A workplace plan is a document that helps an employee identify what may be needed to be successful at their job. It is not a legal contract but a request from an employee to an employer asking for reasonable changes that will allow the employee to be successful at their job. It helps because it puts suggested solutions “on paper” and gives all parties a way to discuss needs.
Ideally, an employee would work together with their manager to develop their workplace plan. It does not supersede any existing company policies, collective bargaining agreements or legislation. It is developed in good faith with the intention of having an employee be successful at work while maintaining a balance between productivity and health. This process can give managers ideas that are right for the particular employee. It is suggested that the workplace plan reviewed regularly to see if any changes need to be made to ensure continuing success at work.
The workplace plan process
The following process is used in a variety of circumstances ranging from everyday issues to complex return-to-work planning. The plan asks three questions:
- What do you need to be successful at your job?
- How do you want future issues to be addressed, should they arise?
- For your contribution to being successful at your job, what will you commit to?
What do you need to be successful at your job?
Consider what you think of as problems at work. Also consider what you expect your manager to identify as problems. Then come up with possible reasonable strategies that you and your manager can discuss to meet your needs and the needs of the workplace. The examples below are not solutions, just suggestions to stimulate ideas.
- The way work is assigned. An employee who is struggling with competing demands at work and last-minute requests from his manager may write in his workplace plan: “I understand the need to be flexible around last-minute client requests. Last-minute requests that interrupt my other tasks may cause me to feel overwhelmed because I am then unable to finish my other tasks on time. When my manager asks me to take on a last-minute task, I will ask my manager to help me prioritize my other tasks.”
- The way your work is monitored. An employee who would describe their manager as a “micro-manager” causing distress: “I understand my manager’s need to monitor my work for quality and accuracy. When my manager interrupts my work to make changes several times a day I become agitated and lose focus and confidence in my abilities. I would like to be able to give my manager regular updates with a schedule that works for both of us and I would like my manager to wait until our scheduled meeting to give me feedback or make changes, unless the issue is urgent.”
- The way information and direction is given. An employee who has difficulty remembering verbal instructions: “I prefer to have instructions about my tasks given to me in writing or they can be given to me verbally and I will immediately write down what I’ve heard and check back with the person who gave me the directions to make sure I’ve got it right.”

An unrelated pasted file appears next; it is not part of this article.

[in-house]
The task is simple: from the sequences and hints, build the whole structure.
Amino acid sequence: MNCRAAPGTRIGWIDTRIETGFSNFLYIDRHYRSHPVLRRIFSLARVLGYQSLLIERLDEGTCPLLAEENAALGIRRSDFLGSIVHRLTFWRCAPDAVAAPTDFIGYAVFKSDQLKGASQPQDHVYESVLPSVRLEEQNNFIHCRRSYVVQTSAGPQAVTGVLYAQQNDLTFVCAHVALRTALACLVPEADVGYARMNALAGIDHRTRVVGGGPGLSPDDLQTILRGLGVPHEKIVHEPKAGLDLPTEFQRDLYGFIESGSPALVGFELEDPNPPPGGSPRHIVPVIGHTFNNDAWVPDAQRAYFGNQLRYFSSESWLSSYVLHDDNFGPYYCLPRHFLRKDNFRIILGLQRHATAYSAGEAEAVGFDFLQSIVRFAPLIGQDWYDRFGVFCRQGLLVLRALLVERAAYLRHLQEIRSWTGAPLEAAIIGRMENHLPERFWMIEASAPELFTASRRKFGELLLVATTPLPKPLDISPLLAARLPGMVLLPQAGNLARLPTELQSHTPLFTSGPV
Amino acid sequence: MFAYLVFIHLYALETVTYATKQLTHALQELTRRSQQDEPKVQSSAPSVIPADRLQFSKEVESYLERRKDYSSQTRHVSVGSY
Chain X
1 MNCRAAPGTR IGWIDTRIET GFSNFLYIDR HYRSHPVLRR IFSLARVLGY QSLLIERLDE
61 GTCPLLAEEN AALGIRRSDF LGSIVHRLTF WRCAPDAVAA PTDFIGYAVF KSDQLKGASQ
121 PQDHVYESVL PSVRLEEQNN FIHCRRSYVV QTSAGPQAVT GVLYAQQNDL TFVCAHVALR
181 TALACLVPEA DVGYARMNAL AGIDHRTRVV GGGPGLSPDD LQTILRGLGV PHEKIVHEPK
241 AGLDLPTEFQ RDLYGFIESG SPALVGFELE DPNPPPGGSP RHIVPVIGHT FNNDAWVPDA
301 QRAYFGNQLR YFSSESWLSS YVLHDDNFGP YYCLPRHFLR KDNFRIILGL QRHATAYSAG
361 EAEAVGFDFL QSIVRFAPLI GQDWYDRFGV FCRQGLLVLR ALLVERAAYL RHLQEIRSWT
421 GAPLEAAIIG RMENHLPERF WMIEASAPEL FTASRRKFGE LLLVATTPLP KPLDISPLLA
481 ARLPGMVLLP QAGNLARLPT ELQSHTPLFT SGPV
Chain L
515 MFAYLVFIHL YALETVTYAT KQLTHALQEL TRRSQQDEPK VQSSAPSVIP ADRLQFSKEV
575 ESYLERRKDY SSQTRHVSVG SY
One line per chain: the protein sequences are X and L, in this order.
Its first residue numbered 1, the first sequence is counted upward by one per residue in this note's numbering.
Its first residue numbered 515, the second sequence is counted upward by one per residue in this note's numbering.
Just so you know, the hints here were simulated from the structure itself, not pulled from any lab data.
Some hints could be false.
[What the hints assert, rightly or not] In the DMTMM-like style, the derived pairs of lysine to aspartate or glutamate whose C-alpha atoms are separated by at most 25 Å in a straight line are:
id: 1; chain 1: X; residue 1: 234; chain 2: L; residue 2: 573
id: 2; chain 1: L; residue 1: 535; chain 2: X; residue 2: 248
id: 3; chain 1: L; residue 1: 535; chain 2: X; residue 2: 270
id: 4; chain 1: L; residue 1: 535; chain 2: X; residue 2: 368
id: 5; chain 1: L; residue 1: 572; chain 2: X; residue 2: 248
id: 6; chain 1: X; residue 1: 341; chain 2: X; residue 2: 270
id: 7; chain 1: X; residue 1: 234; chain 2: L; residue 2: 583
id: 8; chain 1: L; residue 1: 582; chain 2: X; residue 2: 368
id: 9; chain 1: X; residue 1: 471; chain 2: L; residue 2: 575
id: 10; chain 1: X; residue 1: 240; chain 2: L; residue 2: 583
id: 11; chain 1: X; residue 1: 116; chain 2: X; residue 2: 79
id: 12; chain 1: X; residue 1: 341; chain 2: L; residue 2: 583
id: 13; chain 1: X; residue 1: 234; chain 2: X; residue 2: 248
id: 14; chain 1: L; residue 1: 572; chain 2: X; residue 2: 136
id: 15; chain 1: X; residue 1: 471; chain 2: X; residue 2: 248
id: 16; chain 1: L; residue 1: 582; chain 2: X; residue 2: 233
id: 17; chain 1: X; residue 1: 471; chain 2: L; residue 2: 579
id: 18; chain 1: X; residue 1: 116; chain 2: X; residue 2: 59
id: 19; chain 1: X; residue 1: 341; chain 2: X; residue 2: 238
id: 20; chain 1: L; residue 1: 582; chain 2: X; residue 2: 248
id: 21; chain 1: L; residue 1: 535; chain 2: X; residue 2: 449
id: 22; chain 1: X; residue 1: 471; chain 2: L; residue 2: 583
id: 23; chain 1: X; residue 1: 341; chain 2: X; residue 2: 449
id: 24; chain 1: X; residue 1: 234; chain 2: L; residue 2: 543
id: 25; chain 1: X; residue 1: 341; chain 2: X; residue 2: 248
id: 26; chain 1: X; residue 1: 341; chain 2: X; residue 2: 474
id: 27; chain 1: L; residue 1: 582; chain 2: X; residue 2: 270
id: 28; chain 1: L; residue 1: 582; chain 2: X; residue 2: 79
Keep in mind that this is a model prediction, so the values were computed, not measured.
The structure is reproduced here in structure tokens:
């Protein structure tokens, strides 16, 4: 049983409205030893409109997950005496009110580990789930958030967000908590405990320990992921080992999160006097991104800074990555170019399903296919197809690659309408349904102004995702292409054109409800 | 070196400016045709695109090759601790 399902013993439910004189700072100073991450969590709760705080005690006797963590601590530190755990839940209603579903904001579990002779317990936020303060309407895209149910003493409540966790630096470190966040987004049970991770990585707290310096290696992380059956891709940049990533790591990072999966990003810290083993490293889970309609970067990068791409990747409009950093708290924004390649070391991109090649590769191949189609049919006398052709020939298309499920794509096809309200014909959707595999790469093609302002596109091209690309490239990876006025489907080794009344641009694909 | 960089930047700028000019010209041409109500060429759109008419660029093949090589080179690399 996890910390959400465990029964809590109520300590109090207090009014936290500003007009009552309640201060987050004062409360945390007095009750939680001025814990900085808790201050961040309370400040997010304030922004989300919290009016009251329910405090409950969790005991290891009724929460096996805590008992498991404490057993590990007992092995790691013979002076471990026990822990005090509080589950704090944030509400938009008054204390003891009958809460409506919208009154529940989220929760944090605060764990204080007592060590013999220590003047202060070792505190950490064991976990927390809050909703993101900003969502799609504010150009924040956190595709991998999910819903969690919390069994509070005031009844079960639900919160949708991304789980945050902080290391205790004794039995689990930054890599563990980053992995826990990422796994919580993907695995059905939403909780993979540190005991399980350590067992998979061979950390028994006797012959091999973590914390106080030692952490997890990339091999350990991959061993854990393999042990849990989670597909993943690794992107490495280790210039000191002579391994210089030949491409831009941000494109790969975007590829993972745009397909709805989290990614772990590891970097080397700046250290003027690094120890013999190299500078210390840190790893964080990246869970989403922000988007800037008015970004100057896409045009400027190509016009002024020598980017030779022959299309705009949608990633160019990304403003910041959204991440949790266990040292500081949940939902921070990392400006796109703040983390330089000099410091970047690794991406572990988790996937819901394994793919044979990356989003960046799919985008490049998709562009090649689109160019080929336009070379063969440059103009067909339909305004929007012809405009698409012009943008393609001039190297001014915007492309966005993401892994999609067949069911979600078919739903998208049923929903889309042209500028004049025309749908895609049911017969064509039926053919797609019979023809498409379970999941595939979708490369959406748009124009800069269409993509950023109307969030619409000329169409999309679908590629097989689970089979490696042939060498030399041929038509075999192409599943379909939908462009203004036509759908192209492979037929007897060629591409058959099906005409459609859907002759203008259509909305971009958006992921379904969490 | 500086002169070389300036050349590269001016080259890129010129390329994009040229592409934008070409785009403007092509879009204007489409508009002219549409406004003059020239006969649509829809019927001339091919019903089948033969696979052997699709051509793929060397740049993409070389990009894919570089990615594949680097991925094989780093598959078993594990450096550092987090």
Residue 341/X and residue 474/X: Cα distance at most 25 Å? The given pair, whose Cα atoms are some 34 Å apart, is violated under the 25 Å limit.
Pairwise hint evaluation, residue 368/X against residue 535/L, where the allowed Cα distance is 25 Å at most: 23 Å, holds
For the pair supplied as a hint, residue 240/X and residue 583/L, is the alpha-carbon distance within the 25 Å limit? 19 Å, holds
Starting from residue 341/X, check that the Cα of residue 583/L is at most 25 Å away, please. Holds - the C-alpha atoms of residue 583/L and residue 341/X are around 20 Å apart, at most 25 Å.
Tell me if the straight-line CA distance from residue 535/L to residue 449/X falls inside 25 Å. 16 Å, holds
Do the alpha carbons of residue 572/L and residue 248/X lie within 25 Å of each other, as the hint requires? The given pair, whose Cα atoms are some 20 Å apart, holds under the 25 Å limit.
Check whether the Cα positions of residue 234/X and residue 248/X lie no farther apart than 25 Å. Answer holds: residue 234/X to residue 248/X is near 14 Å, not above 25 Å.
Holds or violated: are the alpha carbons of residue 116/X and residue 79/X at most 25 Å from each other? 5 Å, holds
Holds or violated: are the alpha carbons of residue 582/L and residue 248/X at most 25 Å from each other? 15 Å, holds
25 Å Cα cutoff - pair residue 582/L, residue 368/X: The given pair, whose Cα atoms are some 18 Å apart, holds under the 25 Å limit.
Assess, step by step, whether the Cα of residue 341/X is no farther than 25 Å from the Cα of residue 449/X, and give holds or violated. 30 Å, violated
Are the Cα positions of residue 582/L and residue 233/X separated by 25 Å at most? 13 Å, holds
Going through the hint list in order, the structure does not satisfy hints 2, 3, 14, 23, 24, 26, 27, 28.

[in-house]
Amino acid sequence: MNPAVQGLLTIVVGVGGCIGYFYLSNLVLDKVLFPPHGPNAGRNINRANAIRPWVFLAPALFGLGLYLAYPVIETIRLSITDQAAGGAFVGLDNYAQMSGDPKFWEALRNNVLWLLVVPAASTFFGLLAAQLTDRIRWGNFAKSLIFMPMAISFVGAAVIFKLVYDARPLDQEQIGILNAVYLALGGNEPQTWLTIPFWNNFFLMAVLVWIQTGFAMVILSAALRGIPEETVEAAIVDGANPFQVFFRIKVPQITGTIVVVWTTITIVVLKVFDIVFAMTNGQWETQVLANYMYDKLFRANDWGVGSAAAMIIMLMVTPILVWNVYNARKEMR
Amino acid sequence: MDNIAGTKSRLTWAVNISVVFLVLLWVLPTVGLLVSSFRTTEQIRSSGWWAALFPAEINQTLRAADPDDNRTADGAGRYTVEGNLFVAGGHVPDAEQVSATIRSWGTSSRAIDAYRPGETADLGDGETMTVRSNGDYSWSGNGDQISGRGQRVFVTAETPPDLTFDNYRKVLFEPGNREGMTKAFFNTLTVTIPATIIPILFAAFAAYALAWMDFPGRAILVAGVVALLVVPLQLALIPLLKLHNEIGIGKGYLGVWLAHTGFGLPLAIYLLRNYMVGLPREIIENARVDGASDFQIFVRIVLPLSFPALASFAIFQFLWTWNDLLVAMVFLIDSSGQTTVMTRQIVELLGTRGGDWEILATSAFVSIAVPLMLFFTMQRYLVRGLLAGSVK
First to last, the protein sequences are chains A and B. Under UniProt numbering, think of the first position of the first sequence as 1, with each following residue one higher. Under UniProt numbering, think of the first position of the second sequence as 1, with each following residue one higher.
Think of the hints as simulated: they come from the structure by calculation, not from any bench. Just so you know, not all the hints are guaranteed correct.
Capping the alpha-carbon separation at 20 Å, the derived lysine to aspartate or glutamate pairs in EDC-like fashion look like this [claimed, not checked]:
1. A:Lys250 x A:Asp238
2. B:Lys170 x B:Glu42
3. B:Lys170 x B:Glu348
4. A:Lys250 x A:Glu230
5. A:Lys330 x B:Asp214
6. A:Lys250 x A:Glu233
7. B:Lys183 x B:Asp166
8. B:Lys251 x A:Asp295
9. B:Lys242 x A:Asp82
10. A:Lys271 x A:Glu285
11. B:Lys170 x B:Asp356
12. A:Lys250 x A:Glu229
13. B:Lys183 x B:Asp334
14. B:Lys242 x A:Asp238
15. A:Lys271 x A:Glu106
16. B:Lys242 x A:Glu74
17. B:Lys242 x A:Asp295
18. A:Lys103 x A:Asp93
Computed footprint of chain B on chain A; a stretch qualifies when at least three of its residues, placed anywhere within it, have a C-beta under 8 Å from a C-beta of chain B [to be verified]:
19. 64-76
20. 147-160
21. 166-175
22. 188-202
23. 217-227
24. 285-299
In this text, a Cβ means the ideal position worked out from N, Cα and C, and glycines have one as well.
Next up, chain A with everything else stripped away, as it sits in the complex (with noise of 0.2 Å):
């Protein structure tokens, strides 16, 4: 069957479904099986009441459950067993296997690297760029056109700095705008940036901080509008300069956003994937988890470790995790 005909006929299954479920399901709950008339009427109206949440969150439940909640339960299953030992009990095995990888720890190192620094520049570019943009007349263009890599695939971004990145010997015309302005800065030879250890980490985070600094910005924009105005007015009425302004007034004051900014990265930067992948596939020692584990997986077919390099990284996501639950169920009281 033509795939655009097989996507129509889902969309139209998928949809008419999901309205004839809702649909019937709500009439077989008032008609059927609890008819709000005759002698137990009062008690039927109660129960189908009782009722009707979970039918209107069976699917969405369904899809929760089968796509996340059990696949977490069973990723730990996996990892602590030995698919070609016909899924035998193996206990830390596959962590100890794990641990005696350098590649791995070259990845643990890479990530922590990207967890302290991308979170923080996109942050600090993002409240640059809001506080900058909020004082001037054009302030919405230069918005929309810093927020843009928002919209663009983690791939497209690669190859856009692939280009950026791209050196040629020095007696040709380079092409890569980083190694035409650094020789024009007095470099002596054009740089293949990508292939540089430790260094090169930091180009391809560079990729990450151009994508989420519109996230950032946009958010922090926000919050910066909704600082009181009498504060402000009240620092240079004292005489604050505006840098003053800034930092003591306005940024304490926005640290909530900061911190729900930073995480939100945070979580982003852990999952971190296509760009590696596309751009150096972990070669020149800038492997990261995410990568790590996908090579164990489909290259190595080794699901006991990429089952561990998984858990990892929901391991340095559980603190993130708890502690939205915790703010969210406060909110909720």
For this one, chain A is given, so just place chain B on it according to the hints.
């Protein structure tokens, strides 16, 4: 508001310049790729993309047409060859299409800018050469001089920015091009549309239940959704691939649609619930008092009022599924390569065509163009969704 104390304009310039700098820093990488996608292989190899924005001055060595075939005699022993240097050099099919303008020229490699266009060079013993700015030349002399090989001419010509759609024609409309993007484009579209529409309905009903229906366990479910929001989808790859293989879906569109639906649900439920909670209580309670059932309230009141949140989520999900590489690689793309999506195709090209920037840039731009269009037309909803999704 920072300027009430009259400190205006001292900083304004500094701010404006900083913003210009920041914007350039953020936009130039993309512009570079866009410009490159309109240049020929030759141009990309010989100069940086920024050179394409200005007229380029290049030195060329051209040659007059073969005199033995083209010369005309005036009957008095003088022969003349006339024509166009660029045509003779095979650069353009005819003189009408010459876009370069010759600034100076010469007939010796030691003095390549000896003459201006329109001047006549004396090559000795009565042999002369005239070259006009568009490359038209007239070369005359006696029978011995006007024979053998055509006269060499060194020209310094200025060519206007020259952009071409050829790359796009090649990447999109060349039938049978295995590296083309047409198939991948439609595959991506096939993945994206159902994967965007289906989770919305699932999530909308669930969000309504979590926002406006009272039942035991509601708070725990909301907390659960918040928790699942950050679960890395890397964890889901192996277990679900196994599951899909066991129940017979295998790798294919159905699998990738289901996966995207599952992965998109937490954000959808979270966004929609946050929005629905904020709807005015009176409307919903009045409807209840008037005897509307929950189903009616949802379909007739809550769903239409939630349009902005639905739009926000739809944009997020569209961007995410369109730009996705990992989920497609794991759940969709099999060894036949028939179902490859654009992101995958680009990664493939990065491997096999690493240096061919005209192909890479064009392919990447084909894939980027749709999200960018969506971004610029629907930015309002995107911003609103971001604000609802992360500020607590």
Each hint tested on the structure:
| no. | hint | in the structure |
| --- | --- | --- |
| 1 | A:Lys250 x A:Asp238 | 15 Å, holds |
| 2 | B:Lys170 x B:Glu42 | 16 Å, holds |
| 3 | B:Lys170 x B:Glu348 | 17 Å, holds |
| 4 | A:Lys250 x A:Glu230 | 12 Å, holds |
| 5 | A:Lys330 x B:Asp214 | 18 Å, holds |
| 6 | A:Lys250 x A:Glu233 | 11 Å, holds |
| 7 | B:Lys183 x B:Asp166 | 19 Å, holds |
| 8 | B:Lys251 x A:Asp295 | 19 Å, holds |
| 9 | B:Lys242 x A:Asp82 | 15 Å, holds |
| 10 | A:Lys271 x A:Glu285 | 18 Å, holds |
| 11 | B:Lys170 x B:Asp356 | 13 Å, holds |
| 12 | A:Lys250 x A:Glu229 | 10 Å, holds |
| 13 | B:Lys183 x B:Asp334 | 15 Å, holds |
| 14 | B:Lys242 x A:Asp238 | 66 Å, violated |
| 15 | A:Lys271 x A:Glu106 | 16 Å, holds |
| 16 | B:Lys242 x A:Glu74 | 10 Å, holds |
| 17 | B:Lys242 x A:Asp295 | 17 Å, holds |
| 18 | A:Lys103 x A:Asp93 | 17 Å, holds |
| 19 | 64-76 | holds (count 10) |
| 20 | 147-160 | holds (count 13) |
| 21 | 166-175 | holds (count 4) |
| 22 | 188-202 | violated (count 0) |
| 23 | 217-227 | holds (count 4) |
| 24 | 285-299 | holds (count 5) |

How do you want future issues to be addressed, should they arise?
You can help your manager by anticipating where you may have difficulty and giving concrete suggestions on what to do. Examples:
- If you appear to be distressed or unwell: “If I appear to be angry with a raised voice I would like my manager to say to me: ‘I notice you seem uneasy. Would you like to continue this discussion at another time?’ “
- If there is a performance issue that needs to be addressed with you: “If my manager notices that the quality or quantity of my work is dropping I would like my manager to send me an email asking to speak with me about the specific tasks that he is worried about. Receiving the email will give me time to collect my thoughts before we meet to discuss the problem and knowing which specific task is the problem will help me prepare.” Another person may have a different request for the same situation: “If my manager notices that the quality or quantity of my work is dropping I would like my manager to speak to me face-to-face as soon as possible, saying: ‘I’ve noticed changes in your work and I’d like us to find a time to talk about it’. I would prefer that my manager not send me an email about it because that will just increase my anxiety.”
- If there is conflict: “When my manager and I experience conflict between us I ask that we both refrain from speaking in anger. We may need to request to discuss the issue at another time when each of us is calm enough to have a civil conversation.”
For your contribution to being successful at your job, what will you commit to?
Sharing what you will do to be successful at work shows your manager that you are engaged in the process and gives you strategies that are specific to your needs. Here are some examples:
- An employee who often feels unwell in the morning and avoids calling his manager: “I will make every effort to let my manager know if I am going to be late because I understand that not knowing where I am is disruptive to my manager’s day.”
- An employee who has had emotional outbursts at work: “I will make every effort to control my emotions at work. If I feel that I am not able to maintain my composure I will remove myself from the workplace for a few moments until I feel in control of my emotions. I will leave a note on my chair so that people know where I am.”
- An employee who doesn’t take breaks or lunch: “Every morning and afternoon I will leave my desk to take a break for 15 minutes. I will also take a break at lunch away from my desk. Taking these breaks will help me keep a healthy perspective on my work.”
Thinking about and offering solutions, instead of focusing on problems, is often an effective way to move forward toward a better working situation.